The best organizational system for any of us is created from our unique needs, the resources we have access to, and the lifestyle we are currently living. It’s very personal. Your system may be perfect for you, but others may find it topsy-turvy and lawless. Conversely, you may find methods that work for others but not for you. That doesn’t mean you’re flawed, or wrong, or not doing it right. It only means that it doesn’t work for you.
Three ways to get (re)organized
While I firmly believe everyone needs their own personal style of handling their life, developing a system in a vacuum is hard. So I appreciate learning about new ways of managing my time, even though I might adapt them to suit me.
Here are some resources I’ve discovered that have helped me do my life without melting into a puddle of disorganization.
Several years ago, Ryder Carroll developed a system of journaling that not only helped him stay on top of tasks. It also functioned as a diary and a way to keep track of new ideas. Bullet Journaling is an intentional method of organizing everything you used to write on Post-Its, napkins, and crumpled pieces of paper floating around your purse.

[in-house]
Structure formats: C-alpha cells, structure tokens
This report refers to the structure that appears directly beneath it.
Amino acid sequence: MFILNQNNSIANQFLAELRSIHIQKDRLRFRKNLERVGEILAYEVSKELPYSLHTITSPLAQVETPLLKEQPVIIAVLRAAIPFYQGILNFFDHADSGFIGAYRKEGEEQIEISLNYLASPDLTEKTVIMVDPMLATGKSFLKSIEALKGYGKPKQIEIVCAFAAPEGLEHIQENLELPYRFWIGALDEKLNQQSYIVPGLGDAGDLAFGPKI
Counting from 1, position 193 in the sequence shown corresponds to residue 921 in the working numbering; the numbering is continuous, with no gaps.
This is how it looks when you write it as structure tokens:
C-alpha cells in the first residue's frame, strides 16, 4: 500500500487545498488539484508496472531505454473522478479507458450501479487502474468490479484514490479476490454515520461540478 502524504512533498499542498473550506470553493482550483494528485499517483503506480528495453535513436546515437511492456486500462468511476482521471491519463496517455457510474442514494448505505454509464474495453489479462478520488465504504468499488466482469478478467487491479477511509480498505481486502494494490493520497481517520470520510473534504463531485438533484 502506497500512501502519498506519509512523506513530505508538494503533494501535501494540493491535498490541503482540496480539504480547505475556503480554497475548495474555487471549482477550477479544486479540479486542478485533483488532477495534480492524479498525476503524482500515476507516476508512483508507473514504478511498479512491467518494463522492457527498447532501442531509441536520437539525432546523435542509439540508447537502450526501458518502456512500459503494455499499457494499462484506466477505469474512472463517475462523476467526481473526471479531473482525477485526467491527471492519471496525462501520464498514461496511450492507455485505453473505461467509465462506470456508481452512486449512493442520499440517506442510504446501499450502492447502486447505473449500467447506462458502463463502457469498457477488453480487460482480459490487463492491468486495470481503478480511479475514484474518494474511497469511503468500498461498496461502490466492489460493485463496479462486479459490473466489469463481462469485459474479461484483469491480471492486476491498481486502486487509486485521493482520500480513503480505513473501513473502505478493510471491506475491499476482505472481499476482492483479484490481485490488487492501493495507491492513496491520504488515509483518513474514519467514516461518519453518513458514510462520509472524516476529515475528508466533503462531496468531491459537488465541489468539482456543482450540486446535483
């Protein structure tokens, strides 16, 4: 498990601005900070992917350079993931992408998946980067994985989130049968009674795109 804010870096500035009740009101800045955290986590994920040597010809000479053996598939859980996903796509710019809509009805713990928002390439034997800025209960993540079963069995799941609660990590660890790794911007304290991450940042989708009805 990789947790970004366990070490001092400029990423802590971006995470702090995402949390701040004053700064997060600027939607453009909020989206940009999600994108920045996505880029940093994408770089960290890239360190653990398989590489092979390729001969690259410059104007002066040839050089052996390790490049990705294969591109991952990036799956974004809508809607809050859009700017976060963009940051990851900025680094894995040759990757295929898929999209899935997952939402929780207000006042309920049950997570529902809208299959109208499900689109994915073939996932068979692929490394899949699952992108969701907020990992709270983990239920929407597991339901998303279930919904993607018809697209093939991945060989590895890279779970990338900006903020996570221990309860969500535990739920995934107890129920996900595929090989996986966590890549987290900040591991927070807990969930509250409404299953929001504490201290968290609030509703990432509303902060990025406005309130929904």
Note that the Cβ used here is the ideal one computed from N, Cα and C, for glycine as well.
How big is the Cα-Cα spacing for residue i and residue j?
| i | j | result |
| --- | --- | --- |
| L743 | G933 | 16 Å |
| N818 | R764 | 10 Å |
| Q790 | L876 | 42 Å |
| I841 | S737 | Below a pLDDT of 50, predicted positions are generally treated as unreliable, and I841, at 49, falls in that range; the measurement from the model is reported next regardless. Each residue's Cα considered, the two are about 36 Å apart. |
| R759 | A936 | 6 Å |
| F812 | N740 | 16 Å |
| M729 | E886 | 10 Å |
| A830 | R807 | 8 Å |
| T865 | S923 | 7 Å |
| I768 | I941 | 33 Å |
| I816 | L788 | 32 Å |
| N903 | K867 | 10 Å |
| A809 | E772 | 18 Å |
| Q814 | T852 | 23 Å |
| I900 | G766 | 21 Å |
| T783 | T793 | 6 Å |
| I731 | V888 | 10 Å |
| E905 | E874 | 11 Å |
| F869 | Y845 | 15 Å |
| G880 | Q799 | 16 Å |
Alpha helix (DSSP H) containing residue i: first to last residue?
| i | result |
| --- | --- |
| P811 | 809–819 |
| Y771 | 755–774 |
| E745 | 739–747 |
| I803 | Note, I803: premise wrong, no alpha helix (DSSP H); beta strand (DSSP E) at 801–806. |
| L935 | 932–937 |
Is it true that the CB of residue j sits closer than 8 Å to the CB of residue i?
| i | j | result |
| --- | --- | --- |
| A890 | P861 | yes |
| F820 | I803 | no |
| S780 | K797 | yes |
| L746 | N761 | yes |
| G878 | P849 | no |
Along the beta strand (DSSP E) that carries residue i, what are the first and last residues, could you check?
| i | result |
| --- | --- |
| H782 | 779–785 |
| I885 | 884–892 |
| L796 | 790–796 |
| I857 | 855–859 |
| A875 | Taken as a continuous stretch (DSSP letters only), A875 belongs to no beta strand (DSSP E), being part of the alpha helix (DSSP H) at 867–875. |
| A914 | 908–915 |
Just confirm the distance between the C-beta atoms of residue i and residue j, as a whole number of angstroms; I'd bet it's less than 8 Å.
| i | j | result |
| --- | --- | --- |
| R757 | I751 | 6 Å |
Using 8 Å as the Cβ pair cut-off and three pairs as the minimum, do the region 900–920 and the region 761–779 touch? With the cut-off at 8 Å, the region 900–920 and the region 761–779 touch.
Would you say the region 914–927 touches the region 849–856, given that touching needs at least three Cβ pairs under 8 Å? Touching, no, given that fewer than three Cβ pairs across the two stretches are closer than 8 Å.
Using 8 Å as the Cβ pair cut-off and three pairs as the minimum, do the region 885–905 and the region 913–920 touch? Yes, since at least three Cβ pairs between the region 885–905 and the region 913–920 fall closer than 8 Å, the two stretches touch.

My personal bullet journal system has evolved over time. That’s one reason I love using it; I can adapt the format when I feel like my organizational system is no longer working.
Hot tip: you don’t have to buy all the branded stuff. I DIY my BuJo with cheap notebooks from a local craft store.
If you like a digital solution to handling all your project ideas, Obsidian is a great choice. It’s free, and it works on all operating systems. It’s a note-taking system that helps you create linked connections between ideas. This can help you avoid feeling scattered when managing a multitude of ventures at once. You can get thoughts out of your head, clearing your mind to focus on what’s in front of you.
Obsidian describes it like this: